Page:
Dana's comment: from age 30 onwards, our body starts to produce less HCL which inhibits the secretion of intrinsic factor required for B12 absorption. Taking sublingual B12 bi-passes the digestive tract and enables its absorption. Nonetheless, if suboptimal levels of HCL exists the preferable route is to supplement with HCL and potentially zinc. Check via challenge tests.

Luteolin may reduce brain inflammation and related memory loss
A study in The Journal of Nutrition has suggested that luteolin (a flavonoid found in celery, carrots, peppermint and chamomile) reduces brain inflammation and related memory loss in aged mice, with luteolin directly inhibiting the release of inflammatory molecules in their brain. Johnson et al. from the University of Illinois conducted two studies. In the first study, Johnson et al. found that the microglial cells treated with luteolin, before toxin lipopolysaccharide (LPS) was added, had 70% less inflammation than those that weren't treated with the luteolin. The researchers concluded that luteolin was neuroprotective.

In the second study young adult mice (3-6 months) competed against aged adult mice (22-24 months). Half the mice in each group were fed a diet supplemented with 20 mg/d of luteolin for 4 weeks. The study found little difference within the two groups of young adult mice. However, the aged mice on the luteolin-supplemented diet showed improved working memory and reduced inflammation of the hippocampus putting them on a par with the young adult mice. In conclusion the researchers state that their findings suggest dietary luteolin enhanced spatial working memory by mitigating microglial-associated inflammation in the hippocampus.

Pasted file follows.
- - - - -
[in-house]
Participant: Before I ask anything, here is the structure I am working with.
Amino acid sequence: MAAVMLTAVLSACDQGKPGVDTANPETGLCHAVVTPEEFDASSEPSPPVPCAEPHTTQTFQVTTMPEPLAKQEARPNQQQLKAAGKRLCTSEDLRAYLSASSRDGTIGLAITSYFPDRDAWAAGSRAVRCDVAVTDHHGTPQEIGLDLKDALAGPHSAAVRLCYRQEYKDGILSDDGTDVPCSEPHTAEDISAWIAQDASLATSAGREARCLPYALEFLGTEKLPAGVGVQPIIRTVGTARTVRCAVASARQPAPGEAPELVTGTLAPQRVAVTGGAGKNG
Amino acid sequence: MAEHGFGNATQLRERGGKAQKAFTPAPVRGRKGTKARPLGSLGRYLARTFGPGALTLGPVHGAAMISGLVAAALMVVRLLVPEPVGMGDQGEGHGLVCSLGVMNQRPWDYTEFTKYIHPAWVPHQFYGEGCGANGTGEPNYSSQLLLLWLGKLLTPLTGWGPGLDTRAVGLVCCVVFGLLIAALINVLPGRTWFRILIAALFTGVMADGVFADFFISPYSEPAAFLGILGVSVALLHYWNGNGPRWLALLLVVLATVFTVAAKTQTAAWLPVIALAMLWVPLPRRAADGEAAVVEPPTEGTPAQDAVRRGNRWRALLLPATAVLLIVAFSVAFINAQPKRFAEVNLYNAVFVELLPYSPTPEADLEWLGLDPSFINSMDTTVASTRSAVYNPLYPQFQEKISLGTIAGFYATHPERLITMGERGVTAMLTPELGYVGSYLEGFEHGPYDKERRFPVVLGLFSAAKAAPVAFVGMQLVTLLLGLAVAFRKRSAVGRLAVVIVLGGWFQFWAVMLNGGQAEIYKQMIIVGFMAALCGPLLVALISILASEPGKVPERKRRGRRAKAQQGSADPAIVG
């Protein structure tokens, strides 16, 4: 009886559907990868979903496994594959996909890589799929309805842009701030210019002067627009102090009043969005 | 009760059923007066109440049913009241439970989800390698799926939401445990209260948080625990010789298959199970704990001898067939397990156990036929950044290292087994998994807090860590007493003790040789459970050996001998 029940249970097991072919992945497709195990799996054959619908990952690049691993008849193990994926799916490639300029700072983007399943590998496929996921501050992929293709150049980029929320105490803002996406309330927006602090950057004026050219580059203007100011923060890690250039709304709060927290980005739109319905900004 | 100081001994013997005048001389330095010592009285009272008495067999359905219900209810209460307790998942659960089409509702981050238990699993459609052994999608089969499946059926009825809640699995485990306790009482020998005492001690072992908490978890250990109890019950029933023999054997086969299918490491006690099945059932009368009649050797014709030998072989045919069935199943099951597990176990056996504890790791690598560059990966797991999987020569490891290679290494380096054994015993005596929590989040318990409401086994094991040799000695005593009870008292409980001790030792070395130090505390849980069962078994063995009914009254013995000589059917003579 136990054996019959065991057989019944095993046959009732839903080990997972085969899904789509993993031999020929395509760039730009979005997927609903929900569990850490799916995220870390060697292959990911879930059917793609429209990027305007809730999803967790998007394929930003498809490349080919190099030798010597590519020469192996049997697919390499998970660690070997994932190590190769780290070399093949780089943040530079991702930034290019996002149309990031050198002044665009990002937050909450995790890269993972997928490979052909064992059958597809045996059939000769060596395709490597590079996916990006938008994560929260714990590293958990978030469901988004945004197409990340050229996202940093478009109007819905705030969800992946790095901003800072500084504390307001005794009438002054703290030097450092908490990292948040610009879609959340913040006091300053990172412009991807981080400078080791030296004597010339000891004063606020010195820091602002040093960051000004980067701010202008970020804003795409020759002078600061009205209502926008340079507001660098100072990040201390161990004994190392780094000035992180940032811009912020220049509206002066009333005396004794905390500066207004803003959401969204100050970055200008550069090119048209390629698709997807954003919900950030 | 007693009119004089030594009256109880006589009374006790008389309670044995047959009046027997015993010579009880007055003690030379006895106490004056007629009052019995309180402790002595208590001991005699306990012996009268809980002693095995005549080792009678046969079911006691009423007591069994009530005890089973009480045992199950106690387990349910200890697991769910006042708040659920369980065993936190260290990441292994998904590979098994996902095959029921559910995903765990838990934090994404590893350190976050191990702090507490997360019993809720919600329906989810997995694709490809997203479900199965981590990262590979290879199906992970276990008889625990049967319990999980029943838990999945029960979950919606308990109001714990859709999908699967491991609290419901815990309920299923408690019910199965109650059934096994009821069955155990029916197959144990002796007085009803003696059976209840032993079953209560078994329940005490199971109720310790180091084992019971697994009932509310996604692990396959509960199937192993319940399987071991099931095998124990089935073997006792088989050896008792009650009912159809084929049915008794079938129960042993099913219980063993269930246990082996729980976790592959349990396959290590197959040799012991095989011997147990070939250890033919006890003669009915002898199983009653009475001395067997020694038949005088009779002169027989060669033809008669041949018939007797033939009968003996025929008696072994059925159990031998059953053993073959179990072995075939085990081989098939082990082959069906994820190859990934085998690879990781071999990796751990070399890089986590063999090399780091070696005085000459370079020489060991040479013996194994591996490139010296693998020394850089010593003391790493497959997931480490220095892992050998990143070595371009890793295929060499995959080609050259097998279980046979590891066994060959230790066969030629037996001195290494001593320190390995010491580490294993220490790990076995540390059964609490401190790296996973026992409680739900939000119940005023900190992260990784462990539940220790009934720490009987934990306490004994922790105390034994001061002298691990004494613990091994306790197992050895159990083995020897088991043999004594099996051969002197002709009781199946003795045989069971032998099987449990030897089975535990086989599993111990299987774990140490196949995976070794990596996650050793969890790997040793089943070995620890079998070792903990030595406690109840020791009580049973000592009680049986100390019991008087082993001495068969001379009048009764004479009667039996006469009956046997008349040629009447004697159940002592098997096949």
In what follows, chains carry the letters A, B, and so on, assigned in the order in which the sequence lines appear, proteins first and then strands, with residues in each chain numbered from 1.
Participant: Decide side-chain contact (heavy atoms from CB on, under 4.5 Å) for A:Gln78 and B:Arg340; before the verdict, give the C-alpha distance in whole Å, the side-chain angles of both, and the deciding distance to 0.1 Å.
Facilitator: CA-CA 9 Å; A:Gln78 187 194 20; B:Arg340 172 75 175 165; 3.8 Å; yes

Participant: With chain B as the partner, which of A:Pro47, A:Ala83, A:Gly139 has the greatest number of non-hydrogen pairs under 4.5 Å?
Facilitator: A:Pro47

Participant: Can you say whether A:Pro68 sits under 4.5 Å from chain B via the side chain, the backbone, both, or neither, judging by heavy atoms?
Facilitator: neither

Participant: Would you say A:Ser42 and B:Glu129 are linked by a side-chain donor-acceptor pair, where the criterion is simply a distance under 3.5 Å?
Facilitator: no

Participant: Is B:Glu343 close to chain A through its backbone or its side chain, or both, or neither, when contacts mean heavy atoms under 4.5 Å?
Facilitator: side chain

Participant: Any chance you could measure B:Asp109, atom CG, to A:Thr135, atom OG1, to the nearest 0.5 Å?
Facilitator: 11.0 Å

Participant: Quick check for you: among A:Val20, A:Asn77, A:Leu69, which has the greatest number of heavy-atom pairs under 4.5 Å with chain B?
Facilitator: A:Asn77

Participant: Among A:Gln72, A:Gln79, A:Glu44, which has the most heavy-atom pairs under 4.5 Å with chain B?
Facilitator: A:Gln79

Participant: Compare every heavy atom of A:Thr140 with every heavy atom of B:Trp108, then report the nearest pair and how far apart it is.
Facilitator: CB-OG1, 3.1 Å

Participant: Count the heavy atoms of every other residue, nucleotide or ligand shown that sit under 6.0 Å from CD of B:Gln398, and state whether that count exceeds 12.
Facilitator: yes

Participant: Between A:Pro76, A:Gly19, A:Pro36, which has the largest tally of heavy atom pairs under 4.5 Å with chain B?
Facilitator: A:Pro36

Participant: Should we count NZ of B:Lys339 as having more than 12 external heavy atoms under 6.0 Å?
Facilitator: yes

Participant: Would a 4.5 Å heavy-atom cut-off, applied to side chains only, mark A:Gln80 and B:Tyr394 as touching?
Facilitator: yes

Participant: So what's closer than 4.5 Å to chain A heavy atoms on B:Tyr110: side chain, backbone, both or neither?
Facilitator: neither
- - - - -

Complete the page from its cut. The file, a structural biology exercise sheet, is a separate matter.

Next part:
Dana's comment - we don't need a study to tell us to eat carrots and celery but it's always validating when science supports common sense. Dip celery and carrots sticks in hummus for an afternoon snack or drink a green juice with kale, celery, cucumber and a carrot for an afternoon pick-up.

Soy isoflavones and hormone dependent breast cancer recurrence
Oct 18 2010: A study by scientists from the Harbin Medical University and published in the journal CMAJ has examined the associations between dietary intake of soy isoflavones and recurrence of hormone dependent breast cancer. The chemical structure of soy isoflavones is similar to that of estrogen which means they exhibit estrogen-like effects in the body. To determine the impact of soy isoflavones on hormone-dependant breast cancer, Kang et al. followed 524 women, of which 248 were premenopausal and 276 postmenopausal, for five to six years. All subjects had had breast cancer surgery and were receiving adjuvant endocrine therapy, of either Tamoxifen or Anastrozole. At baseline the women completed a food frequency questionnaire, which included reporting on consumption of soymilk, soy flour, dry soybeans, fresh soybeans, soybean sprouts and tofu amongst others. The study found that post-menopausal breast cancer survivors who consumed the most soy isoflavones (of over 42 mg/day), had a 12.9% decreased risk of hormone-dependent breast cancer recurrence compared with those who consumed the least (about 15 mg/day). They found that women consuming over 42mg/day and taking anastrozole had a 18.7% lower risk of hormone-dependent breast cancer recurrence. The study notes that they did not find the same association with premenopausal breast cancer survivors who had high soy consumption.

Dana's comment: Soy in it's natural state - miso, tempeh, tofu, edamame exhibit a weak estrogenic effect on the body which can provide protection from more potent forms of estrogen including endogenous estrodial and xenoestrogens such as BPA from plastics. However, processed soy such as soy protein isolate found in protein bars, food fortified with protein and some soy milk is highly refined and a very concentrated form of soy with potent estrogenic effects. Soy protein isolate is the 'white bread' of the soy family and should be avoided by everyone not just women at risk of hormone-dependent cancer recurrence.